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Biden wants to defy abysmal polls in 2024 re-election bid

Biden wants to defy abysmal polls in 2024 re-election bid

meIf President Joe Biden wins a second term in 2024, he will be defying several polls that show his popularity waning.

Biden announced his bid for re-election on Tuesday morning and is moving quickly with campaign plans, but the news comes as polls show a large majority of voters do not want him.


“Every generation has a time when they’ve had to stand up for democracy. To stand up for their fundamental freedoms. I think this is ours,” Biden tweeted. “That’s why I’m running for re-election as President of the United States. Join us. Let’s get the job done.”

Biden will first have to convince voters to let him finish the job, and a number of polls indicate they are skeptical.

An NBC News poll released a day before the announcement found that only 26 percent want a second term for Biden, compared to 70 percent who do not. And another poll, released by CBS News the same morning as Biden’s announcement, found that only 22 percent of even Democratic-leaning voters were enthusiastic about the prospect of him running again.

A reporter asked this of White House press secretary Karine Jean-Pierre during the afternoon briefing.

“We understand what the polls say,” Jean-Pierre said. “But I will say this. In 2020, more Americans voted for this president than any other president in history. And let’s not forget that in 2022, against all odds, against everything we were told, this president had one of most successful midterm elections for a Democratic president in 60 years.”

Biden himself has made a similar argument to the marker in the past, often using the adage, “Don’t compare me to the Almighty; compare me to the alternative.”

But the president’s potential opponents are taking the polls, with Gov. Ron DeSantis (R-FL) boasting that 70 percent of people don’t want Biden to finish the job.

Still, who proves to be the Republican alternative will be crucial next year, argues Democratic strategist Brad Bannon.

“DeSantis or Tim Scott or Nikki Haley, they don’t have as much baggage as [Donald] Trump does,” Bannon said. “And if one of them is the nominee, Biden will have to magnify his accomplishments. Running against a newcomer would mean Biden has to do more work on his own record.”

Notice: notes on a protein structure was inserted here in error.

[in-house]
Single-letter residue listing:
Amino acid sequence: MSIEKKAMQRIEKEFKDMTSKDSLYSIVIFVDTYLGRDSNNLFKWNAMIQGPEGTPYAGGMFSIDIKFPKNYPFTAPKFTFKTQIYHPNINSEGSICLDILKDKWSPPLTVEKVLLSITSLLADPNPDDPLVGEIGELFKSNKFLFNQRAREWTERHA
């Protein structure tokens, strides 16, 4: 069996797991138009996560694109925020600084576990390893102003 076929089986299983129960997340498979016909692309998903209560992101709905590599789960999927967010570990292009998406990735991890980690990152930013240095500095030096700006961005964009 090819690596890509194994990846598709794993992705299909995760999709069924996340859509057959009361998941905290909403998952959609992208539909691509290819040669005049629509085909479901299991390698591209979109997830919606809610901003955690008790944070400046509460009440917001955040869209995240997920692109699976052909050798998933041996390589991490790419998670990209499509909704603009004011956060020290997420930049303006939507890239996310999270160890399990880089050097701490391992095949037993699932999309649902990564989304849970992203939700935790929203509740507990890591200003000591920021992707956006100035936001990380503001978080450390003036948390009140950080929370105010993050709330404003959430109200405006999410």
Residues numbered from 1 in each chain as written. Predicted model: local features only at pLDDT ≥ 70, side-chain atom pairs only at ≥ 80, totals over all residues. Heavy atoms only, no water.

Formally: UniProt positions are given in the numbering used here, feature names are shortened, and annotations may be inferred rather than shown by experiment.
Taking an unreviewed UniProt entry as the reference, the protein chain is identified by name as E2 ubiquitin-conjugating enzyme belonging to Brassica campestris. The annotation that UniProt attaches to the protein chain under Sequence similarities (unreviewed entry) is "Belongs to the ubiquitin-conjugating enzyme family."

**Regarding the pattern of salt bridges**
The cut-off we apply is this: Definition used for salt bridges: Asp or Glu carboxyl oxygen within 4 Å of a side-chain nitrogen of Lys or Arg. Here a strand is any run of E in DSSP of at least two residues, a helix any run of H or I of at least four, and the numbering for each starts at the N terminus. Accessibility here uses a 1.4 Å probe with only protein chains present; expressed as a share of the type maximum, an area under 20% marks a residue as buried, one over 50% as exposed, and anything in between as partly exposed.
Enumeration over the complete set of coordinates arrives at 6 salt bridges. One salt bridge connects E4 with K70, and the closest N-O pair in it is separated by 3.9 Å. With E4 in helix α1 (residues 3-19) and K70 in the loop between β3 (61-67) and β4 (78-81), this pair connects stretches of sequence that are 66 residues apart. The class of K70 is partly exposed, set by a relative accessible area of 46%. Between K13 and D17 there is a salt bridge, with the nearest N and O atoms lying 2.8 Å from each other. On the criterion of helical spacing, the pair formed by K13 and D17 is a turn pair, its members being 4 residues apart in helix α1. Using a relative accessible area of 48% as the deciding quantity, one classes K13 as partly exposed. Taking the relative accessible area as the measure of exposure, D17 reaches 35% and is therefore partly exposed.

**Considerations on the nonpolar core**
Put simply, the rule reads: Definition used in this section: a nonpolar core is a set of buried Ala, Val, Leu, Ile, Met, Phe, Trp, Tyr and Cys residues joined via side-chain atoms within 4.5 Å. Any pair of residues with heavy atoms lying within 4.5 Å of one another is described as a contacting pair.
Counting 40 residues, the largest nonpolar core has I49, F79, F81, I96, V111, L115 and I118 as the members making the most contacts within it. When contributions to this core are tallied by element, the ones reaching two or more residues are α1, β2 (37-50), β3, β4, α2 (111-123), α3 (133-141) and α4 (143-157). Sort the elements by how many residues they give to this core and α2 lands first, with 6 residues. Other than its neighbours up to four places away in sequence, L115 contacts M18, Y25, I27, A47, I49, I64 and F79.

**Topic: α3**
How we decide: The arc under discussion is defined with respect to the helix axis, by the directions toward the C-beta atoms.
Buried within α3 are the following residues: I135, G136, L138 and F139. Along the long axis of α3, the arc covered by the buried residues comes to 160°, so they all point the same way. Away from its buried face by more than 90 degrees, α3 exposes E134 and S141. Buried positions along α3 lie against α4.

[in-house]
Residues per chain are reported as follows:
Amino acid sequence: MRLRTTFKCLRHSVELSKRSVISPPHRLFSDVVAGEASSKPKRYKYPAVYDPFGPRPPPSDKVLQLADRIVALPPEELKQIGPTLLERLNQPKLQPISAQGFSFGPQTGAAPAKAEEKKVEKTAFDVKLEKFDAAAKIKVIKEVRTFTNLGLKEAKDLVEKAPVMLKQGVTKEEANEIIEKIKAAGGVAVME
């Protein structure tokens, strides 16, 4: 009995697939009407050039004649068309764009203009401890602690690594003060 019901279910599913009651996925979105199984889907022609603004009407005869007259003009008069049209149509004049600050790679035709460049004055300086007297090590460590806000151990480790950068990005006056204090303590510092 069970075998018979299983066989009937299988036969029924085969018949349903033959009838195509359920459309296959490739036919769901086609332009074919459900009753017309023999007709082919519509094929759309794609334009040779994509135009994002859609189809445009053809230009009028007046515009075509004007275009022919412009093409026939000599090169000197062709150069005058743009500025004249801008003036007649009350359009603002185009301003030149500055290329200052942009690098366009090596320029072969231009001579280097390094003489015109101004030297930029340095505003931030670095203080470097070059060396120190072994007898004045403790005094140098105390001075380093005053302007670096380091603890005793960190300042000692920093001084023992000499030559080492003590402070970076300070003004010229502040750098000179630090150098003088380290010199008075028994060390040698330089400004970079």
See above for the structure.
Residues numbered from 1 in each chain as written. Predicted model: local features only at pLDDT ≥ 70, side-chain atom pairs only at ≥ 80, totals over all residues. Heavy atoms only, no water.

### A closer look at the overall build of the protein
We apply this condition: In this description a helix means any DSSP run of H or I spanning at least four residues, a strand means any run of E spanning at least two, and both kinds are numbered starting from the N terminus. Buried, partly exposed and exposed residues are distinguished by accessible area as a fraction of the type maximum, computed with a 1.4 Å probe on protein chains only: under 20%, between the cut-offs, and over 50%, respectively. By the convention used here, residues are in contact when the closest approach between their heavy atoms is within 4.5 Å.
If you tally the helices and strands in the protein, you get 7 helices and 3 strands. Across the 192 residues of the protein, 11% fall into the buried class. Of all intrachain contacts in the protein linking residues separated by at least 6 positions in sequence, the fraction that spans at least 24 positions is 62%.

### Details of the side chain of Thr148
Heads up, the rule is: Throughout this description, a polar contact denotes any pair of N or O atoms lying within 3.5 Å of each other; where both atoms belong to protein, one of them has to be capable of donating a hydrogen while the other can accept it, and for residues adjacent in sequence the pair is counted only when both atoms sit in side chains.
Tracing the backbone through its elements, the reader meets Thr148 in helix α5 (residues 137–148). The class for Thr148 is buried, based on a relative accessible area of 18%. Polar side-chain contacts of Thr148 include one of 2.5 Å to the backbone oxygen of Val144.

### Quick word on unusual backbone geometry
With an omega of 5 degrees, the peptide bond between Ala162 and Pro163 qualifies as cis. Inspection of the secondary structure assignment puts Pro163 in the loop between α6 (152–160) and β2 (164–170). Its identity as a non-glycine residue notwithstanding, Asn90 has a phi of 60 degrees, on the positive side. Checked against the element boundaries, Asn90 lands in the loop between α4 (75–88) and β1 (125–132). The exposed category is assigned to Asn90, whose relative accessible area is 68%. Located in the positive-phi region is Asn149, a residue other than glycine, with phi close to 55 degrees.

Former President Donald Trump harshly criticized the then-candidate as “basement Biden” in 2020 for his low-key campaign, but Biden was successful in November anyway. Biden may use that strategy again this time, going on vacation the week Trump was impeached in New York.

Another weakness with Trump is that he is only four years younger than Biden.

The NBC poll found that 69 percent of those who said they did not want Biden to run again cited age as a reason. The president is already the oldest commander-in-chief in history and would be 86 at the end of a second term. The White House initially balked on Tuesday about whether Biden would serve the full eight years before clarifying that he would.

Bannon admits Biden’s poll numbers are troubling — his approval rating has been in the low 40s for more than a year — and said he will have to do a better job of defining his presidency and pointing out his achievements

The Republican National Committee made a similar point in a newsletter sent out just hours after Biden’s announcement.

“You’d think a sitting president campaigning for re-election on the slogan ‘getting the job done’ would name at least one specific first-term accomplishment in his announcement video,” RNC spokesman Tommy Pigott wrote. “Joe Biden’s re-election video is 3 minutes long and doesn’t name a single one.”

Biden has also drawn two primary challengers, and while neither is considered a threat to win the Democratic nomination, they have made more noise than expected at this early date.


Robert F. Kennedy Jr. has launched his candidacy with the support of 14% of Biden supporters, according to USA Today, while self-help guru Marianne Williamson warned that younger voters will not stick with the octogenarian incumbent next year. A New York Times-Siena College poll last summer found that 94 percent of Democrats 30 and younger preferred a different candidate.

“I think the video was very out of touch, and that’s what people are feeling,” Williamson said. “I think a whole younger generation would stay home en masse in response to what this video is advancing as the administration’s pitch to the American people.”

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